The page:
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A little 1794 cent fun.

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Comments about circulation of 1794 cents.


December 19, 1794

House of Representatives


Mr. Boudinot drew the attention of the House for some time, by a series of the most interesting observations. He went to the Bank of the United States to enquire [sic] for cents. He was told that there was none to be had, because the bank could not get them from the mint. He then went to the mint, where he was informed that cents were not coined faster, because the officer of the mint did not know where to get them vented [i.e., out or into circulation]! He said that this mint cost twenty-four thousand dollars per annum, and every cent coined there cost the public several cents, though he could not exactly tell how many. In New Jersey far more cents had been coined in a few months than had ever been coined all together, at the Bank of the United States, and this had been done at one-fourth part of the expense which the mint of the United States had cost.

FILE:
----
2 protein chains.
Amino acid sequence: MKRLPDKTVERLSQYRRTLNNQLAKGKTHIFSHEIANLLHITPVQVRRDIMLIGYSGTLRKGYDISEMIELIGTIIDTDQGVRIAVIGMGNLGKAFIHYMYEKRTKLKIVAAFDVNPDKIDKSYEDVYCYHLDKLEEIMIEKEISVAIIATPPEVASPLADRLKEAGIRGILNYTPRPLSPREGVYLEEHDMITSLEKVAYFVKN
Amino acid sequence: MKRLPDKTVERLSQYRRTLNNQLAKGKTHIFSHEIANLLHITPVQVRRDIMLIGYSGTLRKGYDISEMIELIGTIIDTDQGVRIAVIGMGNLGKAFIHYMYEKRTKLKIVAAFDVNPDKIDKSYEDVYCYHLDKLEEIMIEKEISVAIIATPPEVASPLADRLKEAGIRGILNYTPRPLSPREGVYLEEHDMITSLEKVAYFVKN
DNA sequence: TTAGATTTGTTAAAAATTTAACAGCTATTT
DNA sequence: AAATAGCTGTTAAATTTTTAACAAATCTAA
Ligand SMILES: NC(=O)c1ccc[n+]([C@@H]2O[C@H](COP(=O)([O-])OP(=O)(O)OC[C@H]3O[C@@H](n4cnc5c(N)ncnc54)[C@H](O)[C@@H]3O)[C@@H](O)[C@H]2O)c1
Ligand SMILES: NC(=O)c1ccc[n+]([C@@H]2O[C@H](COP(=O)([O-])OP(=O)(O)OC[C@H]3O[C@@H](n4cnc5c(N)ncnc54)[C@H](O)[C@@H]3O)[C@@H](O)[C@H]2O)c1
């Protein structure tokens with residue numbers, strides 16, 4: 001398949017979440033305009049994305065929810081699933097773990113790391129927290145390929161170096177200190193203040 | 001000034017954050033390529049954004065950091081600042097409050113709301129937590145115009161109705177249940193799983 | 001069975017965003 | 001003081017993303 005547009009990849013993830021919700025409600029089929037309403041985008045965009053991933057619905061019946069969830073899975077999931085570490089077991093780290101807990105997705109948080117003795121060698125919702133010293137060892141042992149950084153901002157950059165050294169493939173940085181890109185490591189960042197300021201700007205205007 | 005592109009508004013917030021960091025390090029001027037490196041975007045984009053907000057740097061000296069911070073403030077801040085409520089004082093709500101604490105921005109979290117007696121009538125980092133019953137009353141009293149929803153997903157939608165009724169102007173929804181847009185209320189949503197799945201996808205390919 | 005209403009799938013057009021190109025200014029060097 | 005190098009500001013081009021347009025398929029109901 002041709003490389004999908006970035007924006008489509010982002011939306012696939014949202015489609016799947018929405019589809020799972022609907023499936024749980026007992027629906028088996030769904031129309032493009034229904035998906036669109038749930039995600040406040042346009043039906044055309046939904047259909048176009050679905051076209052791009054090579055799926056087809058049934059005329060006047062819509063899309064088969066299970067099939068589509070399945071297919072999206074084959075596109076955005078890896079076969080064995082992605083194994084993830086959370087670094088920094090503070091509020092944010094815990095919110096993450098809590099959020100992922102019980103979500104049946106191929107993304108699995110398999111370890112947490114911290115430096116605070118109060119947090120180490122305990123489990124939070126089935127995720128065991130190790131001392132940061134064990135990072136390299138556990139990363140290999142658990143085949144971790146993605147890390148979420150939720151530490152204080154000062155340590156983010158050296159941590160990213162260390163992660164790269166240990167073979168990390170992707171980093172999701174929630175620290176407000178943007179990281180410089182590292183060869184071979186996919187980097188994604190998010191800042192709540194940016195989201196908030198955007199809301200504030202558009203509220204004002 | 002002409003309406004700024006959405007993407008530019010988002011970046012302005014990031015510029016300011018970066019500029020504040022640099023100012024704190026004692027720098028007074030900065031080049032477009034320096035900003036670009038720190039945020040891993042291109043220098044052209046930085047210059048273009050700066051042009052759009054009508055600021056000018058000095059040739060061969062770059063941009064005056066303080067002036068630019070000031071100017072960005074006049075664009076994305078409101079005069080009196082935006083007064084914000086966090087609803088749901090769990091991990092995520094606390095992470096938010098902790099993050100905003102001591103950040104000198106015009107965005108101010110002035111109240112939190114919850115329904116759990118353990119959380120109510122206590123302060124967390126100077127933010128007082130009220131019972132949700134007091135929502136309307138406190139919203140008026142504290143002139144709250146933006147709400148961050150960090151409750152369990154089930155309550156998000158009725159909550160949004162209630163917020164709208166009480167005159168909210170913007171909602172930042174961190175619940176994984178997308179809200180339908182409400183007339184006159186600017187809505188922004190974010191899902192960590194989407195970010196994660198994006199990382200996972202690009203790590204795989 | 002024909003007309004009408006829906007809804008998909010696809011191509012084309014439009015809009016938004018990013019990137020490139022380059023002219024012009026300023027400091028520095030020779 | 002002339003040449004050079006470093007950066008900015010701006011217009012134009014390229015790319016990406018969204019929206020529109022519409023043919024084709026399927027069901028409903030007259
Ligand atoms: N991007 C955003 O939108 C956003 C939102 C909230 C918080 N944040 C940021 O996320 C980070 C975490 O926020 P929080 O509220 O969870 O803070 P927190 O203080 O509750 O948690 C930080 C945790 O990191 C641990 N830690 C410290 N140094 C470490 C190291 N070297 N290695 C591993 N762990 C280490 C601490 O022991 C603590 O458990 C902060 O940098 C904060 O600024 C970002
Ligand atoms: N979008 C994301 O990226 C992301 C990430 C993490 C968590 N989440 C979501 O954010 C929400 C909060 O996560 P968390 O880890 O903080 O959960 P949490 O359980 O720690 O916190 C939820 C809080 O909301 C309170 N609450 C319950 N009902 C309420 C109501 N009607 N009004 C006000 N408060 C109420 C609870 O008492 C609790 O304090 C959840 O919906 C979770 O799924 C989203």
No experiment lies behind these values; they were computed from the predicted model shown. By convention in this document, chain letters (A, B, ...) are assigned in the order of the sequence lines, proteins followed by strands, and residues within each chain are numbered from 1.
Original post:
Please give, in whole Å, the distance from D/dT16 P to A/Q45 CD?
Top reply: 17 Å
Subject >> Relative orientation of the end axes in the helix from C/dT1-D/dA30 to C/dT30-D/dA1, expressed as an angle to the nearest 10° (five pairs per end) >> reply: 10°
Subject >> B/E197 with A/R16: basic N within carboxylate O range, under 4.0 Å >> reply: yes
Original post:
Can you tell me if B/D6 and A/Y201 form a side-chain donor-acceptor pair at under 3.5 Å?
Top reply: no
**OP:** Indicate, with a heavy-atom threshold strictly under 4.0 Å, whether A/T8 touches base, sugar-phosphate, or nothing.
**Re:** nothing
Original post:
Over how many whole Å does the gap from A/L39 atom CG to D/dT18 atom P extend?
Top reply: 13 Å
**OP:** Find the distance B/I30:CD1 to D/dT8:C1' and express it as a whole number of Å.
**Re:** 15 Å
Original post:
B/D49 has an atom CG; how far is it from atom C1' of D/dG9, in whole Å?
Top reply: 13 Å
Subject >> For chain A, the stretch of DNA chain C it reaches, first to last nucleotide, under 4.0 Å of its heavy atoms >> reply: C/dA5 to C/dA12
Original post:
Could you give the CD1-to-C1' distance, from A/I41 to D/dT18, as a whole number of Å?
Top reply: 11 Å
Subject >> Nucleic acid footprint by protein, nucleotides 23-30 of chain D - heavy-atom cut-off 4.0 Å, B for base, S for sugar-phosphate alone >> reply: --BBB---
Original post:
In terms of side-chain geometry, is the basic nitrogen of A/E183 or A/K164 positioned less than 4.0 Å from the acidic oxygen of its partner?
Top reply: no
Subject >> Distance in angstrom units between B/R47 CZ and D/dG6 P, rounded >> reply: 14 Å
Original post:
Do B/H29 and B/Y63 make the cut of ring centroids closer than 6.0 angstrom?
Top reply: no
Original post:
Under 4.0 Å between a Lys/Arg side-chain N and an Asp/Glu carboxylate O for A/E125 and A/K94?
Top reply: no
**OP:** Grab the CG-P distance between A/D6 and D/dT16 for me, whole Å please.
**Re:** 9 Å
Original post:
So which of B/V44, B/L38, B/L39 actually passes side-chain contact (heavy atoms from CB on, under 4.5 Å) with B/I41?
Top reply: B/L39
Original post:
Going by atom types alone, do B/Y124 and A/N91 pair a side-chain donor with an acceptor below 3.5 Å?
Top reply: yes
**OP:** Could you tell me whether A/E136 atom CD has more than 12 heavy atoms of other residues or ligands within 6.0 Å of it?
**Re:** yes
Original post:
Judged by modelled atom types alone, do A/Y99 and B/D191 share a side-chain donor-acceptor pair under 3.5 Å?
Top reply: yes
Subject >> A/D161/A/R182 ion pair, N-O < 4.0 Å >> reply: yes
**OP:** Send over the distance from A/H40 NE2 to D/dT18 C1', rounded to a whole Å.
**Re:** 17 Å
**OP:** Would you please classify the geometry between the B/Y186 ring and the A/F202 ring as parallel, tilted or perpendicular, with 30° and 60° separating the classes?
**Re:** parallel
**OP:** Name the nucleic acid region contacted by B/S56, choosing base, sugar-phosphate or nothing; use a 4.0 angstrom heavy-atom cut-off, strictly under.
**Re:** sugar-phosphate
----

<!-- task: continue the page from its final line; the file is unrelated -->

Several other members advered [sic] to the prodigious inconvenience which is felt all over the union for want of copper coin; and it appeared to excite some curiosity, on what foundation the officers of the mint have said that they could not get the cents vented. It was remarked by Mr. W. Smith, that, except as to Philadelphia, the mint is of little or no use whatever. The cents given out never go farther than the city….


The State Gazette of North Carolina, January 8, 1795. p.1.]


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Not surprising. England had the same problem with their copper coinage. The government wouldn't pay to ship halfpence out of Middlesex county. London was well supplied but businesses in the other counties either had to pay to have them shipped to them, or had to go to London to pick them up in person. (Starting in 1797 they did begin paying cartage to ship the cartwheel pennies and tuppence.)

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